In the following code why does the last line of execution give an error ? Shouldn't the dot operator in x.bf() pass on the instance 'x' to the function bf ( like x.af() would ) ?
a = 6
def af (self):
b = 7
def bf (self):
>>> x = A()
>>> b = B()
>>> x.bf = B.bf
Traceback (most recent call last):
File "<stdin>", line 1, in <module>
TypeError: bf() missing 1 required positional argument: 'self'
Best How To :
x.bf = B.bf is your error, because B is a class, not an instance of the object.
You can't assign x.bf directly to the class. You need to assign x.bf to the instance 'b.bf' or instantiate the class properly
ie. Either change that line to:
# Where we instantiated class B and invoke bf via lazy loading (loading at the last possible minute)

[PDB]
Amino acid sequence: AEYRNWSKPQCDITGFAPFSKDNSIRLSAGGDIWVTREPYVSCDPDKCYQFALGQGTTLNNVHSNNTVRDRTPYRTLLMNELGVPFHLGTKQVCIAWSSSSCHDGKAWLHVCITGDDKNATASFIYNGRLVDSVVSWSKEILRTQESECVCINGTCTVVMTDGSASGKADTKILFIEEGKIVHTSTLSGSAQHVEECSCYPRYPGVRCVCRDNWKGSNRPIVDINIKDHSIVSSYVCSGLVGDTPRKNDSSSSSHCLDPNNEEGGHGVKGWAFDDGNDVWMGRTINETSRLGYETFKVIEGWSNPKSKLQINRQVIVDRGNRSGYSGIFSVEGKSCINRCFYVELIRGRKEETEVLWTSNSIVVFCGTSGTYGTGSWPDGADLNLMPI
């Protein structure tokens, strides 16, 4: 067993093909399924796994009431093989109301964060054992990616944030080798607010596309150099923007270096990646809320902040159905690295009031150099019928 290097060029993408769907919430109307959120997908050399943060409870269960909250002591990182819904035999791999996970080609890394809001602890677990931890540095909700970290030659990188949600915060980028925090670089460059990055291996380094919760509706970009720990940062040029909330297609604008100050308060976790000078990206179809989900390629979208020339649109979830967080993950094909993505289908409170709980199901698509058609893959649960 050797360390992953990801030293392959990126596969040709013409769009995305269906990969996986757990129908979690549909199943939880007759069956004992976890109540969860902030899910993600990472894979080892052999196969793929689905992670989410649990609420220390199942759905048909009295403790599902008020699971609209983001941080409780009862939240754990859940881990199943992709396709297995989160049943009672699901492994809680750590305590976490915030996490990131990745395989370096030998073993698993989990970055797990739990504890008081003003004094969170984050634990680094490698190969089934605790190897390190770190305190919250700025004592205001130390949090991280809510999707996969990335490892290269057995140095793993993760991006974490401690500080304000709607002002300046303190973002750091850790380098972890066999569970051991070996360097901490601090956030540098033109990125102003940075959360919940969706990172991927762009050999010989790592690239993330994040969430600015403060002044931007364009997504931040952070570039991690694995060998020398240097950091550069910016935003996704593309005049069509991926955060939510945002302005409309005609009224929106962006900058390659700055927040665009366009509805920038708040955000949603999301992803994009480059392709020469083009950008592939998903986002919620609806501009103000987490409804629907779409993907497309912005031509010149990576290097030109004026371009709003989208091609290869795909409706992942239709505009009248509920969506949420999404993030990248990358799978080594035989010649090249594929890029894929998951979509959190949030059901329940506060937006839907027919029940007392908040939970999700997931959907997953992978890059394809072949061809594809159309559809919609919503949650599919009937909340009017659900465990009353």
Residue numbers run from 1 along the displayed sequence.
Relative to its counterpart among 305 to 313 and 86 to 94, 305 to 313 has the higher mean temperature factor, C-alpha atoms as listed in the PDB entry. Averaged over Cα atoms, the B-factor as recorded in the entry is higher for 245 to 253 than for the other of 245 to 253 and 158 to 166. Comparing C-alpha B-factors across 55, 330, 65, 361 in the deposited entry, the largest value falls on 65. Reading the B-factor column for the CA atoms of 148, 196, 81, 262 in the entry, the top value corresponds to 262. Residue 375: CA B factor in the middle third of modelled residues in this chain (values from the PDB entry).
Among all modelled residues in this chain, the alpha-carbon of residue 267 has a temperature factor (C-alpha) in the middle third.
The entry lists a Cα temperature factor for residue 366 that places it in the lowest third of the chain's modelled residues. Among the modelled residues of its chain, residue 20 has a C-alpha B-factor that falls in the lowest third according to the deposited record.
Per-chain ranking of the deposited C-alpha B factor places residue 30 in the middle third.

x.bf = B().bf
# Use the existing instance of B and call bf
x.bf = b.bf
- A and B are your classes. They don't do anything until you instantiate them.
- x and b are your object instances. x is an instance of A, and b is an instance of B
Whenever you instantiate a class, you need to conform to it's constructor signature. In this case, the classes require no additional parameters besides self. However, self only gets passed if the class is invoked via ();
'x = A()' and 'b = B()' conform to that signature
The error you encountered is basically python telling you that you called something, a function or a class without passing in a required variable.